You can tell a lot about a game from its opening scene. In the first few minutes of Legend of Zelda: Ocarina of Time we're shown a sweeping, first-person view of the Kokiri Forest, as Navi flies frantically to awake a hero-to-be. In Zelda: The Wind Waker we're shown, in a beautifully minimalist art style, an ancient legend of grandiose proportions. And, of course, in A Link to the Past the player is immediately thrown into a dark, stormy Hyrule on a search to find his wayward uncle.
All of these intros, though different in their own right, all point to one word: epic. True, they don't start out with explosions, mysterious murders or gunshots, but they don't need to. Every one of these opening scenes is able to immediately relate to the player the immense scope and gravity of the situation at hand. The huge, sprawling world of Hyrule; a princess in danger. The fate of the world hanging in balance.
Twilight Princess is different. It doesn't start with sweeping views of the world around you, there are no ancient prophecies about fallen heroes; there are no pirates invading your island, and no sense of urgency of any kind, really.
Despite what many critics have said about it, Twilight Princess is not an overly traditional Zelda game.
Twilight Princess starts with two friends sitting by a river, talking about the sunset.
Do you ever feel a strange sadness as dusk falls? They say it's the only time when our world intersects with theirs... ...The only time we can feel the lingering regrets of spirits who have left our world. That is why loneliness always pervades the hour of twilight...
-- Rusl, Twilight Princess
It sounds like an epic prophecy out of context like this, but when you actually watch this scene in the game it comes across as nothing more than a conversation starter; in fact in the very next sentence, Rusl brushes this comment aside, realizing that the tone is getting a bit melancholy, and changes the subject entirely.
Nintendo underplays this scene, and by the time you've started chasing cats and herding goats, you wouldn't be blamed for completely forgetting that that introductory conversation even took place. But like all Zelda intros, this opening scene is critical in establishing what lies ahead, and, possibly, what exactly the entire game is really about.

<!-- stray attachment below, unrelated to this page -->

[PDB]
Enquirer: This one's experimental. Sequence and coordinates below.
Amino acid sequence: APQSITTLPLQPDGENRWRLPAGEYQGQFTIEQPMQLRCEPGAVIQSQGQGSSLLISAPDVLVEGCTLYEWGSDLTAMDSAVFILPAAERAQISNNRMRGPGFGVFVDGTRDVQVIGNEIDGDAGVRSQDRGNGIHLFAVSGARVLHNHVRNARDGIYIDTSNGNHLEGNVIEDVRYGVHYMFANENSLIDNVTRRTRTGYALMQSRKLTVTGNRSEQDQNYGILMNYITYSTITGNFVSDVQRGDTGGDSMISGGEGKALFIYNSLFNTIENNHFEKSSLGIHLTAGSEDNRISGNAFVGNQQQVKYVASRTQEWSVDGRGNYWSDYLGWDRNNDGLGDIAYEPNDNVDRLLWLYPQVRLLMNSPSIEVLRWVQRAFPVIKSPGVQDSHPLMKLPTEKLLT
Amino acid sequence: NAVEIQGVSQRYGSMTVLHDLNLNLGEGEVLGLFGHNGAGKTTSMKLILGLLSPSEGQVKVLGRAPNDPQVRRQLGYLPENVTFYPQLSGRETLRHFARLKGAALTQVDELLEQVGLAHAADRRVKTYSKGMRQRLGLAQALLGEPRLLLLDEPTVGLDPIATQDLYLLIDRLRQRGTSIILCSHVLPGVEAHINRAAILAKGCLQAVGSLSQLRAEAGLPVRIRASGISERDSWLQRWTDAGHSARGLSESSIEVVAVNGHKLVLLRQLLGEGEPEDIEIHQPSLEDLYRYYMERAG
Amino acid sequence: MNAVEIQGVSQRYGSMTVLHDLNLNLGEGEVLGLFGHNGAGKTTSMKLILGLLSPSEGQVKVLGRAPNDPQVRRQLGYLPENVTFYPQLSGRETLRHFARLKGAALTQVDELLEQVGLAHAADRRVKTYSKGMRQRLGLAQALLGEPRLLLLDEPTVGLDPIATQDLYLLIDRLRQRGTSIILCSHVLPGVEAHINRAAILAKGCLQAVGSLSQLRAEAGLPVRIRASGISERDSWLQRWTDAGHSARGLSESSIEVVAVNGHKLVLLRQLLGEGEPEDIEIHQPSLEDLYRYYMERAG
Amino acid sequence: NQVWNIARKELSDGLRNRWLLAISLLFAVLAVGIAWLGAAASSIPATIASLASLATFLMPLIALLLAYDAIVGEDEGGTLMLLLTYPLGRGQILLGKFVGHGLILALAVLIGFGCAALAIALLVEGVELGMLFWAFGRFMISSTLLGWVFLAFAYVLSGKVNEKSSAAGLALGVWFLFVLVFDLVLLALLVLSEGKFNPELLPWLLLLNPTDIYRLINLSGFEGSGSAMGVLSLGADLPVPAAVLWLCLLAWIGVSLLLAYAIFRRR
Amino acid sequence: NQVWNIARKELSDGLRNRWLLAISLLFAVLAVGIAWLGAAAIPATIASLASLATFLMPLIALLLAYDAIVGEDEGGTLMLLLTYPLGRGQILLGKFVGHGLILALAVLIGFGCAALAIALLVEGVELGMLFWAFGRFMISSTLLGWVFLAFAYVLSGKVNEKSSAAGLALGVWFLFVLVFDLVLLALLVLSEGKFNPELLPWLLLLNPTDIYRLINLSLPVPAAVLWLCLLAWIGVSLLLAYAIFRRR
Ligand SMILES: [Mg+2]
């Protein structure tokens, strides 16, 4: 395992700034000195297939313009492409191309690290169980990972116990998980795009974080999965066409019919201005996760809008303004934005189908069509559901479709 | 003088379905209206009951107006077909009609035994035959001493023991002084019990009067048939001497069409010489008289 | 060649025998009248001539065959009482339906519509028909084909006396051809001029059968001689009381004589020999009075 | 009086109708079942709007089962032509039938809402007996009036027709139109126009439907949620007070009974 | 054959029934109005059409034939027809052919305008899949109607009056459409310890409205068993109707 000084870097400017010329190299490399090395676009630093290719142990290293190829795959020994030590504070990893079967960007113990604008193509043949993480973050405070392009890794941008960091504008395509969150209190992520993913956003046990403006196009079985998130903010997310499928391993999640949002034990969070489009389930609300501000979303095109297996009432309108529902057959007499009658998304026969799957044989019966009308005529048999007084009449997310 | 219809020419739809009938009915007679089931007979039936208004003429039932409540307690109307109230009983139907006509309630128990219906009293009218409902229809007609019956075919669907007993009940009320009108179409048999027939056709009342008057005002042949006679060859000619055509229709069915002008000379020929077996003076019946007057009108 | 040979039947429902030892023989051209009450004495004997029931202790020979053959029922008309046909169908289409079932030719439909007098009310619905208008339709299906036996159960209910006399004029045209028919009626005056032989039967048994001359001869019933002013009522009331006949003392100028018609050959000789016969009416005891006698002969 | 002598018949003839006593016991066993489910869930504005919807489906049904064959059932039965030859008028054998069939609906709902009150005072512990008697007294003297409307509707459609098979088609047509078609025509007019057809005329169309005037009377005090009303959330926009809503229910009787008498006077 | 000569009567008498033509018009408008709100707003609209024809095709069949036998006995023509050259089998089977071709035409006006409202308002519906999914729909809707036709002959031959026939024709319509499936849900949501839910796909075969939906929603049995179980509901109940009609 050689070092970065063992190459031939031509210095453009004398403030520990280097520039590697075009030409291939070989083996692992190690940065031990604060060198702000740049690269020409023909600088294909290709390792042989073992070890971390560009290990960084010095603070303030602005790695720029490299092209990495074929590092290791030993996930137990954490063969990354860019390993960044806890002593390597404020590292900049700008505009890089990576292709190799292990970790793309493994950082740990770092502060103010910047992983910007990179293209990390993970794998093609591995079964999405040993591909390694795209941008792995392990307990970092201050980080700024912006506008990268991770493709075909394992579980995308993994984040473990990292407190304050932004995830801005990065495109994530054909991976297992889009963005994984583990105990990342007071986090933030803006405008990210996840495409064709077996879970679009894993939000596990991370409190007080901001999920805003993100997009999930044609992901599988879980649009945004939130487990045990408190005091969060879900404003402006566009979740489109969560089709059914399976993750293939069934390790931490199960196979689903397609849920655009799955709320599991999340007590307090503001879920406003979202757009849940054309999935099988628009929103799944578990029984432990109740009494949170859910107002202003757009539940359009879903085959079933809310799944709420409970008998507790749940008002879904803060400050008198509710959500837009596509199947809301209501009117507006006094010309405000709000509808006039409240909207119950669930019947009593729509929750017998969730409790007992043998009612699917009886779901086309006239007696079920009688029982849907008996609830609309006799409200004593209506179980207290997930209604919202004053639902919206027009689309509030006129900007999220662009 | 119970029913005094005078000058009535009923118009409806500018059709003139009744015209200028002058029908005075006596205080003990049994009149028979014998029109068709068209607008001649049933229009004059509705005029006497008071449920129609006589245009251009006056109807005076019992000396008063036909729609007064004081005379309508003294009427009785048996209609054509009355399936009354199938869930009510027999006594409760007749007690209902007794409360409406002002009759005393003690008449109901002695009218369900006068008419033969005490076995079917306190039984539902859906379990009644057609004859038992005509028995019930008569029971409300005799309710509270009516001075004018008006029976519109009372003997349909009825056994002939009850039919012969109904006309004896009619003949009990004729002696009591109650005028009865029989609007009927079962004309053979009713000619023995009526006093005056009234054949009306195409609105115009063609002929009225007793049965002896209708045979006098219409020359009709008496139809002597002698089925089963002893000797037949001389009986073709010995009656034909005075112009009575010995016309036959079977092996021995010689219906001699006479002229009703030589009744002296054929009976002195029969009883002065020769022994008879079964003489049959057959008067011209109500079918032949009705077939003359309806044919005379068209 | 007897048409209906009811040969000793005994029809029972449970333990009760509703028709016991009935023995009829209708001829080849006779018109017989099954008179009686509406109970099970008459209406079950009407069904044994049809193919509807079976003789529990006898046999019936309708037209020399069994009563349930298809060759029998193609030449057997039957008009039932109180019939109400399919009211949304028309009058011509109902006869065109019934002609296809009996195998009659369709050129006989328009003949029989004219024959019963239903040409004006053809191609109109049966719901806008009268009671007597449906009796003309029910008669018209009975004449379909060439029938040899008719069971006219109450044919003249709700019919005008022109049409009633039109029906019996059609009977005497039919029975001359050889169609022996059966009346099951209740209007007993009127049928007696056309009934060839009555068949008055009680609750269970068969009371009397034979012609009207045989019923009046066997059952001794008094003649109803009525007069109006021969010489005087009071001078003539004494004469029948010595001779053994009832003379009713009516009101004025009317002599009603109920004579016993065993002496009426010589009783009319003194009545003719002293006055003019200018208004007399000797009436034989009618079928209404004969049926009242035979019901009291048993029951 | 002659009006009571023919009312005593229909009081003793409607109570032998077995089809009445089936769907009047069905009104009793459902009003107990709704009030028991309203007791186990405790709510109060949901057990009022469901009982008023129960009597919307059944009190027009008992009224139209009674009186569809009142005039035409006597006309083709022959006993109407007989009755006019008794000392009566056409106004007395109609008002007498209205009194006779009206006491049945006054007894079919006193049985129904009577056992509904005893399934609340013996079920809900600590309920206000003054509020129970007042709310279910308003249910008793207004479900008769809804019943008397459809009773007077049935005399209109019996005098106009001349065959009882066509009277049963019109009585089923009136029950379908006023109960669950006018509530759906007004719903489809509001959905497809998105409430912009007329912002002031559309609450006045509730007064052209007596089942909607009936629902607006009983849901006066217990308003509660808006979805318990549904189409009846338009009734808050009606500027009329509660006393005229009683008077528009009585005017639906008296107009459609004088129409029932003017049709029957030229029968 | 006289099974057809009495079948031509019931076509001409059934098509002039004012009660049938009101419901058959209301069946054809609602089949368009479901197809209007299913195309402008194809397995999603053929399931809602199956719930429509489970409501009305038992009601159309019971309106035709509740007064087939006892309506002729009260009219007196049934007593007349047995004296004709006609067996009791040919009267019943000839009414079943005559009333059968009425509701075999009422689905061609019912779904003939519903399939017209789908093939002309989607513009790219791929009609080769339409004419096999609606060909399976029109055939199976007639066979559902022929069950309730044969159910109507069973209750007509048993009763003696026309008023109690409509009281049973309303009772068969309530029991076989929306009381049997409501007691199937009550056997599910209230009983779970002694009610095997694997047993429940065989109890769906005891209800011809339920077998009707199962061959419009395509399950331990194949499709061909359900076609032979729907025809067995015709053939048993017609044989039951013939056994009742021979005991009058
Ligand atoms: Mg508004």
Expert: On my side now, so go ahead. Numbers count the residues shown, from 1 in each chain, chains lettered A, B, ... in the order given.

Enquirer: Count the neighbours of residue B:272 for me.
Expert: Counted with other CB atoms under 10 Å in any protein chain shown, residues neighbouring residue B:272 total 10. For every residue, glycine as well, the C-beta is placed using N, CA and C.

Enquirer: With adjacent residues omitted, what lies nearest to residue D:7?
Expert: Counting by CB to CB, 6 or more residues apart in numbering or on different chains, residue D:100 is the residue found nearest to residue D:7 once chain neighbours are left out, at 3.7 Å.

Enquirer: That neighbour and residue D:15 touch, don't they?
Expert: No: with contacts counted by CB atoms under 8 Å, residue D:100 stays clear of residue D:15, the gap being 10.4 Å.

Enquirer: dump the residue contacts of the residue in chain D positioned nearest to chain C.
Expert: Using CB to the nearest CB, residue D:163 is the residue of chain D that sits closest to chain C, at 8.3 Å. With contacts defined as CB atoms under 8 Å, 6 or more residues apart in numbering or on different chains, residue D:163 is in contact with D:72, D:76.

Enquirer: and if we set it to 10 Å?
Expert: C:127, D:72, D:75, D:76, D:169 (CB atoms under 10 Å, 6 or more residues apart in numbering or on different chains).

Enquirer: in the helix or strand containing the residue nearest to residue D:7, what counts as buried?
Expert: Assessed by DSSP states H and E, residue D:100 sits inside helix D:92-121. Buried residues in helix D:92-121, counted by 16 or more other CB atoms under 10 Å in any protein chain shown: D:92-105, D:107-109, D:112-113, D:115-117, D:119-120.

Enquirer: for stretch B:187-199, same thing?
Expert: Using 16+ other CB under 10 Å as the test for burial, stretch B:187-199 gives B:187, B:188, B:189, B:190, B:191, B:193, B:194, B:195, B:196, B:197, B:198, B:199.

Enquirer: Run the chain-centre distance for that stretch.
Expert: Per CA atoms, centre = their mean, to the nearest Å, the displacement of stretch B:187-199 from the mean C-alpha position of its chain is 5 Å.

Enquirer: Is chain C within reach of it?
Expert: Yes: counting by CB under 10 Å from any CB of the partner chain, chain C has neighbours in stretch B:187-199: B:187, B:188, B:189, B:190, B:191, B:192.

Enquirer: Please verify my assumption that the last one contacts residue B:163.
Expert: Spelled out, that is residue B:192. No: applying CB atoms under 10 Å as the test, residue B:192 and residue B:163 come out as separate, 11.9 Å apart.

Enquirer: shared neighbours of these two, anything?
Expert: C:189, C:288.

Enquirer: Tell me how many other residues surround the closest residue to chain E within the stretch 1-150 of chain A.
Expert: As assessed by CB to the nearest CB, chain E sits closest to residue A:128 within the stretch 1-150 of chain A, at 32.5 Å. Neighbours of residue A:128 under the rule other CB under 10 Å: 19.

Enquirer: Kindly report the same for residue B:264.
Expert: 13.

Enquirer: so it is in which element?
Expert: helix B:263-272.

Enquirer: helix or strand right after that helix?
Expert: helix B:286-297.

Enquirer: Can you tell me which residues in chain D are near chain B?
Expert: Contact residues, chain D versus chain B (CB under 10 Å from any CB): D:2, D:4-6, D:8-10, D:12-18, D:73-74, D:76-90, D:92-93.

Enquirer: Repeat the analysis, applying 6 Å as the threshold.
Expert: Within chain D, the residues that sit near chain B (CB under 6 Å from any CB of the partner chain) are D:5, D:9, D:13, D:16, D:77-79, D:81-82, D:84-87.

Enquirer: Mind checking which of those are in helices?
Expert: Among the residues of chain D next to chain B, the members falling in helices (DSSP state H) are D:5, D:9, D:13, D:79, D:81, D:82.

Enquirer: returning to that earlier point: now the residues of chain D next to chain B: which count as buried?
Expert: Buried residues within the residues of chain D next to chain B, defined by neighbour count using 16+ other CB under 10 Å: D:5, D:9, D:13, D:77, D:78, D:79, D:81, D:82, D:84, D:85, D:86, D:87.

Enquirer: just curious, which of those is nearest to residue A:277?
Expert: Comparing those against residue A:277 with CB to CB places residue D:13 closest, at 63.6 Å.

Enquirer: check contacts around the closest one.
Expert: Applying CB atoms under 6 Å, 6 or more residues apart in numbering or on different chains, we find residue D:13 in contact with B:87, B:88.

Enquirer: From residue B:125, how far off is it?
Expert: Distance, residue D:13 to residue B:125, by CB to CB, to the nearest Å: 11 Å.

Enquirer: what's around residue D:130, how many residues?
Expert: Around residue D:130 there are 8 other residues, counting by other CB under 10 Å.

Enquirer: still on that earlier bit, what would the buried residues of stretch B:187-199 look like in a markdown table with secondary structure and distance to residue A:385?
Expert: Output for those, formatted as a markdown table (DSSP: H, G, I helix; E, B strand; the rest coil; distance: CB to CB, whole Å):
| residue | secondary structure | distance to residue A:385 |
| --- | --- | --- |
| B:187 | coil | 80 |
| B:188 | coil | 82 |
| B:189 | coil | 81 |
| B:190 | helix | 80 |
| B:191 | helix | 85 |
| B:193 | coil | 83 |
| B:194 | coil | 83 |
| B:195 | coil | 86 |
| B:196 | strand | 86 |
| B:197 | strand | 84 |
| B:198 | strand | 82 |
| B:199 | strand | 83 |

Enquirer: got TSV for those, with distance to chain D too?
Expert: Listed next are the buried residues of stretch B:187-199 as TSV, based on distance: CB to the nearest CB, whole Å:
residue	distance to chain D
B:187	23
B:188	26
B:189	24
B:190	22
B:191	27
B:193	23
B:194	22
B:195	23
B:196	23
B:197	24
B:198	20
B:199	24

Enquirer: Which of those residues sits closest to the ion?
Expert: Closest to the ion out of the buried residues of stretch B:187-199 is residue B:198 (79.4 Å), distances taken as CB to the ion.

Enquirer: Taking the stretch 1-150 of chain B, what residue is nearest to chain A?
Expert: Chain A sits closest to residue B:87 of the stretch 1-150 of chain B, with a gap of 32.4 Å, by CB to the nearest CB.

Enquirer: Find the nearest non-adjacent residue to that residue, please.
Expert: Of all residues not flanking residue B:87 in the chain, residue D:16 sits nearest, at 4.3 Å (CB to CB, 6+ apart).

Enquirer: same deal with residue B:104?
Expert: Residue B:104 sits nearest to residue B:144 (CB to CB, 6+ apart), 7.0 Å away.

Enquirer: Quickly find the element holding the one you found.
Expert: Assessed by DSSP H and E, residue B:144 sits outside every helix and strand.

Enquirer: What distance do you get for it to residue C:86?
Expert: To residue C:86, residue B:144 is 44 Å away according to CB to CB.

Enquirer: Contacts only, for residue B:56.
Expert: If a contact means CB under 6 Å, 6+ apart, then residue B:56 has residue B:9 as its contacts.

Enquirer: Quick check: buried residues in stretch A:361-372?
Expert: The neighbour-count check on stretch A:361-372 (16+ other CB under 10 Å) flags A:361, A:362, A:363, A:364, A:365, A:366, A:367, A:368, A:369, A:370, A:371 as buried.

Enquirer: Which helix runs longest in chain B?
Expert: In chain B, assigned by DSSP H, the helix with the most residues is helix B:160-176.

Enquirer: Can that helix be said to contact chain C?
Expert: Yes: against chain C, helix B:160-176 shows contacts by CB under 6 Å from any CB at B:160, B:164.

Let's be clear, now: Twilight Princess is an epic game. Incredible cinematics, a massive overworld, brain-bending dungeons and the biggest bosses the series has seen thus far. Contrary to the series' other entries, though, we get absolutely no sense of that epic scope from the opening scene. In fact, for the first couple hours of the game, we barely get the sense that anything is going to happen with these characters. Instead, we're pre-occupied with chasing cats, heading goats, following monkeys and catching fish; by Zelda standards, this is pedestrian.
But one thing it is, indisputably, is different. Despite what many critics have said about it, Twilight Princess is not an overly traditional Zelda game, and with the next series entry Skyward Sword fast approaching, we'd like to take just a minute to look back at the previous console instalment and examine this notion a little further.
The opening dialogue mentioned above sets a sort of theme or pattern for the rest of the 30+ hour experience. It lets us know right off the bat that this is not a game about saving the world, it's not a game about Zelda and it's arguably not even a game about Link.
This is a game about Midna.
Now, if you haven't played the game, and you have any intention of playing it, stop reading now. We're going to start delving into some extreme spoiler areas.